How to make a Christian? (July 26, 2020)

How to make a Christian? (July 26, 2020)

July 28, 2020
Benjamin Ehlers

How to make a Christian

Matthew 13:1-9, 18-23

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How do you make a Christian? What do you do? Maybe I’ll restate that just a little bit. How is a Christian made? Because that’s what we are all here for, right? It’s what Jesus told us to do in the Great Commission, “Go and make disciples of all nations” (Mt 28:19). So how do you do it? Well, Jesus tells you how in that very same sentence, “Baptizing them… and teaching them everything” (Mt 28:19-20). I’m going to phrase it a little differently. I’m going to use Paul’s words from 1 Corinthians 3(:6), because it better parallels the parable we are looking at today, “I planted the seed, Apollos watered it, but God makes it grow”.

How has that been going? Are you vigorously planting those Gospel Seeds every day and everywhere? Or have your sowing arms grown tired and weary? Have you mostly given up on sowing that seed?

I’ve seen a pattern that repeats throughout my life. After big life changes – graduation, ordination, moving – I’m diligently and excitedly sowing that seed. Or I attend a mission seminar – while I was in school we had these “Mission and Ministry” days once a year. Now it’s Pastor’s conferences, Mission Fest Sundays, or Women’s Rallies that get me all fired up and excited about sowing the Gospel Seeds! But what happens after a few weeks? You probably know. You’ve probably experienced the same thing. You sow those seeds in the days following that mission rally. You get to know your neighbors and speak freely about your faith just after moving in. And then you wait and watch expectantly for that seed to sprout. You look around in church on Sunday expecting to see that person you invited. Or you look forward to the questions your neighbor will come back with, wanting to know more about your faith. But as the days turn into weeks, and weeks soon turn into months with still no evidence of those seeds sprouting, you perhaps get discouraged. I know I do. Your excitement fades. Your zeal flickers. Your sowing arm gets tired and soon just hangs by your side. I know there are times that I wonder, “What’s the point? What’s the use? These seeds are never going to grow. Nothing I plant ever sprouts.” And so you leave those Gospel Seeds in your bag, and save them for… more fertile soil???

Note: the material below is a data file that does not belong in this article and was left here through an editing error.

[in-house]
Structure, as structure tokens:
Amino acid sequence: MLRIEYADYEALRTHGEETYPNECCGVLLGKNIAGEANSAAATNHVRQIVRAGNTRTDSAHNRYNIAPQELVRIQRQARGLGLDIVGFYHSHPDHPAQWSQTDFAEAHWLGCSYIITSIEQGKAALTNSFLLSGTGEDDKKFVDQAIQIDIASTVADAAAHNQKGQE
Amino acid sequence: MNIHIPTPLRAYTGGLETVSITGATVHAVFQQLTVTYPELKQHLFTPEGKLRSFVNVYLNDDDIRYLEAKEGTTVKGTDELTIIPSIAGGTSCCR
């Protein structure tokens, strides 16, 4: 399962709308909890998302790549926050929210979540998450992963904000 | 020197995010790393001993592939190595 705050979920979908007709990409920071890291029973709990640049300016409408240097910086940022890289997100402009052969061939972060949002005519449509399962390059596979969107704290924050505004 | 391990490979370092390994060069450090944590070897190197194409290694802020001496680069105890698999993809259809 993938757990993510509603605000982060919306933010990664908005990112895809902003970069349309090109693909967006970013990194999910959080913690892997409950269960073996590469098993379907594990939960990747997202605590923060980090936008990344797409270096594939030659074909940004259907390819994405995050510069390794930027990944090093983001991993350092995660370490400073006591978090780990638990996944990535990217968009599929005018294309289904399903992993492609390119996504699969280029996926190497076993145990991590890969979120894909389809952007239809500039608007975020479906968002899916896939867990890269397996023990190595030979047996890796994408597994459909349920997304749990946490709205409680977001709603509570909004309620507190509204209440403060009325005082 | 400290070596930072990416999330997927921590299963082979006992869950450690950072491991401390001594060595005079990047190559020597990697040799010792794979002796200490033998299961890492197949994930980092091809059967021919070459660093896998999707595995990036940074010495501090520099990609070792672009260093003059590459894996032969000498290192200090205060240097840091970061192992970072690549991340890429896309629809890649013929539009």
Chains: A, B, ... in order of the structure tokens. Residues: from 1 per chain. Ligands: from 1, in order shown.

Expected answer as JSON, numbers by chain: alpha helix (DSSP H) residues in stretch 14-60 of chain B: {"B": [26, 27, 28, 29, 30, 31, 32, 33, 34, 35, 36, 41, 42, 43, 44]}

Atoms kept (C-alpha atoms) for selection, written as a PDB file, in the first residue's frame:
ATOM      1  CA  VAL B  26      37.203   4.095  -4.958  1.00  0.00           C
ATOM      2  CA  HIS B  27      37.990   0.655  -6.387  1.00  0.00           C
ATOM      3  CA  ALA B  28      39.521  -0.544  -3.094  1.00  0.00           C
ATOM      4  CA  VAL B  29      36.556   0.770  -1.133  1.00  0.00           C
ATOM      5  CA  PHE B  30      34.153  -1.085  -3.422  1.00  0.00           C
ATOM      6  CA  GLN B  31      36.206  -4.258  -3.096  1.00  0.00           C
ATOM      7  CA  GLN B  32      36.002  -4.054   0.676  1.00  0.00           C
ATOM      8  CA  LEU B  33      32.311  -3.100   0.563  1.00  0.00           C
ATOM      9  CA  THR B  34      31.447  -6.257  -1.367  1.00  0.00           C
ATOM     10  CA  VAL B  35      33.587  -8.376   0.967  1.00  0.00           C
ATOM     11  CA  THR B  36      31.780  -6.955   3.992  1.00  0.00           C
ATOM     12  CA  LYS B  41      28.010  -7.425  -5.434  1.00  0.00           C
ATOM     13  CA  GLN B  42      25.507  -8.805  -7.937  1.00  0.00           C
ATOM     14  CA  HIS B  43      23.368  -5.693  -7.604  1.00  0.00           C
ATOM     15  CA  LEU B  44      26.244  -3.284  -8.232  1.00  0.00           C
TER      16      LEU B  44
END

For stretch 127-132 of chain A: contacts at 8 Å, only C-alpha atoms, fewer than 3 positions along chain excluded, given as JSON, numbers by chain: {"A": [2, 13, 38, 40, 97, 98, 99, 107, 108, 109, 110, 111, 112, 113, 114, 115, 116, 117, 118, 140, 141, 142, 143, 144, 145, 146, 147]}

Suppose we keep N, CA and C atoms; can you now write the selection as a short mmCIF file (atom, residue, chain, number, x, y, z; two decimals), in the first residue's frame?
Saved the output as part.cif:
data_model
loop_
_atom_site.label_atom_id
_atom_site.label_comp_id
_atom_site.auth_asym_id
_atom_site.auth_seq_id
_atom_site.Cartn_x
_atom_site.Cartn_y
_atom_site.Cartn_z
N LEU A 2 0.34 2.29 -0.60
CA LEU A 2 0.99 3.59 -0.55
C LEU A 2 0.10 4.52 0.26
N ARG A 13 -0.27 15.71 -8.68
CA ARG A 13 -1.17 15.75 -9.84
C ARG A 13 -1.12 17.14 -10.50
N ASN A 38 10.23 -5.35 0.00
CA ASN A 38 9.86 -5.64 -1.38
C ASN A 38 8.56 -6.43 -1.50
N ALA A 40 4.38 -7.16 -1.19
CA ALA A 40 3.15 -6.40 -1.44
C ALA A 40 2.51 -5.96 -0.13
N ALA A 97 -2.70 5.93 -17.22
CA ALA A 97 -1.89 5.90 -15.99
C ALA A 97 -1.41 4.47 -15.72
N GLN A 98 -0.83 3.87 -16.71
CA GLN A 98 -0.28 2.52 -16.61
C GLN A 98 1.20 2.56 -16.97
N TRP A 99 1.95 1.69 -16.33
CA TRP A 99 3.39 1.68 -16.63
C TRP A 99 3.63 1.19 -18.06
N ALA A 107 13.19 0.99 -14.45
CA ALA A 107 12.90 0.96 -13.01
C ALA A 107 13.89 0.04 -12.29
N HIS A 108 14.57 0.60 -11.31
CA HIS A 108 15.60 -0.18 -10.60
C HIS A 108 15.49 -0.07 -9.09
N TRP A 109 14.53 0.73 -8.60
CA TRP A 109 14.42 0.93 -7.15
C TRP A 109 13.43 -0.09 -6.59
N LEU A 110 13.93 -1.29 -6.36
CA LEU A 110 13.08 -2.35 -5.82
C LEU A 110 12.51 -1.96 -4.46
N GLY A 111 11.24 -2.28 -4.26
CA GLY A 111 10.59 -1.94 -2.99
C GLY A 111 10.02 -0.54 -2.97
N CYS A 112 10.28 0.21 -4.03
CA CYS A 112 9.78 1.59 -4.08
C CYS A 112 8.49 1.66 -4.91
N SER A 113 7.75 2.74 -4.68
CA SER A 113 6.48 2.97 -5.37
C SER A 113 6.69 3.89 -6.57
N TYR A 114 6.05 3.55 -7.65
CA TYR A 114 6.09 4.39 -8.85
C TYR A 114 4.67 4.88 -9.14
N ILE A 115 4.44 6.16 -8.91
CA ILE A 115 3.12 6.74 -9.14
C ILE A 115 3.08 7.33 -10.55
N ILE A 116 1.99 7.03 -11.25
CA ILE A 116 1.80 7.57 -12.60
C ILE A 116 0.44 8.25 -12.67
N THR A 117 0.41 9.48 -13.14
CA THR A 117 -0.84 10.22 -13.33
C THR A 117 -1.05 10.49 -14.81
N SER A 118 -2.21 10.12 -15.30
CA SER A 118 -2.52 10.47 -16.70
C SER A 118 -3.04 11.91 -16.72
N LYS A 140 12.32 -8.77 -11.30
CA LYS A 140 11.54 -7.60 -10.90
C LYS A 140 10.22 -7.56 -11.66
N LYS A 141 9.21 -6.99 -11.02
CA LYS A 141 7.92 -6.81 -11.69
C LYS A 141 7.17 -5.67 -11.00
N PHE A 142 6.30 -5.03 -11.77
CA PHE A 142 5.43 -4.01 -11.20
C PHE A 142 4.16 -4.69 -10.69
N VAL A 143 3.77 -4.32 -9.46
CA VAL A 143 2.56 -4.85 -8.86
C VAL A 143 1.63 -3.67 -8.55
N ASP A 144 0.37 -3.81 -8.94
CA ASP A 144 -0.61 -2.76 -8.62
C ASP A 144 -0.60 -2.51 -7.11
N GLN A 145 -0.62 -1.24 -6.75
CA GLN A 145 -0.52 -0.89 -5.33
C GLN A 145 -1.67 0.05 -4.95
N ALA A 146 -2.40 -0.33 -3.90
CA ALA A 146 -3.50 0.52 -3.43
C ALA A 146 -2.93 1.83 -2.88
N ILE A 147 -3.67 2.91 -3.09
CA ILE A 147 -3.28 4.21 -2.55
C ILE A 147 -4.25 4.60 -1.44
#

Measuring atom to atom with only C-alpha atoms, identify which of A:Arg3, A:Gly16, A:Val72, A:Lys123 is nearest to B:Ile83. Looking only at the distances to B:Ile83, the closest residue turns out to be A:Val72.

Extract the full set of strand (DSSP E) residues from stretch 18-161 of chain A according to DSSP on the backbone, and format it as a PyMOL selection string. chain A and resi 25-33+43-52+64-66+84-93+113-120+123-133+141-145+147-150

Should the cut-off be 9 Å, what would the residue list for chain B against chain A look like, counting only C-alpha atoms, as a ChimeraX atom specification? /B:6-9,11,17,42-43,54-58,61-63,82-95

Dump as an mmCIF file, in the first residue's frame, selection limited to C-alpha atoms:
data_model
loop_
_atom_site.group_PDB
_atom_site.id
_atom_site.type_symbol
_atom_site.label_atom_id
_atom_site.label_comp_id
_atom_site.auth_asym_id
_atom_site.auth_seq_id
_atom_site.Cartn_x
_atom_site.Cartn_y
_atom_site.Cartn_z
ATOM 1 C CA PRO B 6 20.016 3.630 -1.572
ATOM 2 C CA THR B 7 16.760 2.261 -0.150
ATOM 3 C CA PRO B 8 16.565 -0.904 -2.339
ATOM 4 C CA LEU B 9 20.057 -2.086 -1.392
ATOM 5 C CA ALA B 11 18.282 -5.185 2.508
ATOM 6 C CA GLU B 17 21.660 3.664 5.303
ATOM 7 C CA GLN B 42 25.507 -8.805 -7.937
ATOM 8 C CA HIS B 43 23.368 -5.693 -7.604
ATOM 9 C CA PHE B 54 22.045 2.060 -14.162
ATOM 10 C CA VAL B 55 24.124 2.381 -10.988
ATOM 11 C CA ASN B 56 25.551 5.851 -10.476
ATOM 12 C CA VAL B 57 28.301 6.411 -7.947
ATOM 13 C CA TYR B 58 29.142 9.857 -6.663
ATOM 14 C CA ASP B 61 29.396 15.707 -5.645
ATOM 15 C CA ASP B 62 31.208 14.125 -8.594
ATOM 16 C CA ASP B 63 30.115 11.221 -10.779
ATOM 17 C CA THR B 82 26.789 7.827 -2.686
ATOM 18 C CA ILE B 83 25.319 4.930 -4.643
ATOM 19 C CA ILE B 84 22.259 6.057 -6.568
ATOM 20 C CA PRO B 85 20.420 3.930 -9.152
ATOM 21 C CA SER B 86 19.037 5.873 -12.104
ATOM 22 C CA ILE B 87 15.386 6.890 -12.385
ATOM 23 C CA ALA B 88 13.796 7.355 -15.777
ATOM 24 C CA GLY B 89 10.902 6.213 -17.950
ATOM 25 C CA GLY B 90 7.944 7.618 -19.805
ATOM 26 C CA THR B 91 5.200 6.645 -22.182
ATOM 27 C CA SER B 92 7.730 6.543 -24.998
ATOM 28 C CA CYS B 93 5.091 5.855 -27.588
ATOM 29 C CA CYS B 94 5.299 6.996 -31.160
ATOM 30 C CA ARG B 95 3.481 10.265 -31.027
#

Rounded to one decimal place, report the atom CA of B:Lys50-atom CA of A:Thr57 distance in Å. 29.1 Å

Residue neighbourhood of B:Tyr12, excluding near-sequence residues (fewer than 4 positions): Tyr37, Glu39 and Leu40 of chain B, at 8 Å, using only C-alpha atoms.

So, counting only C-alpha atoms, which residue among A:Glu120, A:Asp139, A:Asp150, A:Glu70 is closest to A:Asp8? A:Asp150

Let me ask you: What if God appeared to you tonight, as he did to Paul, and said, “Keep on speaking, do not be silent. I am with you. I have many people in this city” (Acts 18:9-10)? What stands out to you in those words? First, God’s command to “Keep on speaking, do not be silent” jumped out. For Paul, this was spoken at a time when people weren’t just apathetic, they opposed Paul and became abusive! And God said, “Keep on speaking!” Why? What’s the point? God continues, “I have many people in this city.” In context, God was speaking specifically about Corinth. But what about Temple? Do the same words apply? Does God have many people in this city or are we it? Are the Christian churches here in Temple all that there is and there will never be a new person to come to faith? God’s statement remains true! “I have many people in this city.” And since you and I will never know how many still need to be reached, we must simply follow God’s command to keep on speaking! Do not be silent! God promises, “I am with you.”

In the parable of the sower, that we are focusing on today, I’ve always been a little disappointed by how little ink is spent on the seed that fell on good soil. It’s barely two verses, compared to the eight verses spent on the seeds that did not take root, or died shortly thereafter. And hardly anything more is said in the explanation of the parable than what was said in the first place. “It produced a crop… [it] refers to someone who hears the word and understands it…. [it] yields a hundred, sixty, or thirty times what was sown” (Mt 13:8, 23). Come on, Jesus, couldn’t you be a little more inspiring?! A little more uplifting?! Spend a little more time on it and tell us how productive we are going to be as we spread Gospel Seeds and see them sprout, thrive, and flourish?!

But that’s just it, isn’t it? Whereas we tend to focus on the results – how many seeds sprout and grow and flourish – Jesus says, don’t worry about that. Scatter the seed of the Gospel to all with no regard for where it might land, or whether or not it will sprout. In fact, Jesus gives us an indication of just what we will find when we do scatter seed with how much ink he spends on each result. Most of what you cast will bear no fruit. Don’t worry about that. Scatter the seed of the Gospel with no regards to what it will bear. The word will be received in my different ways, but how it is received is not your concern. That it’s received is your concern.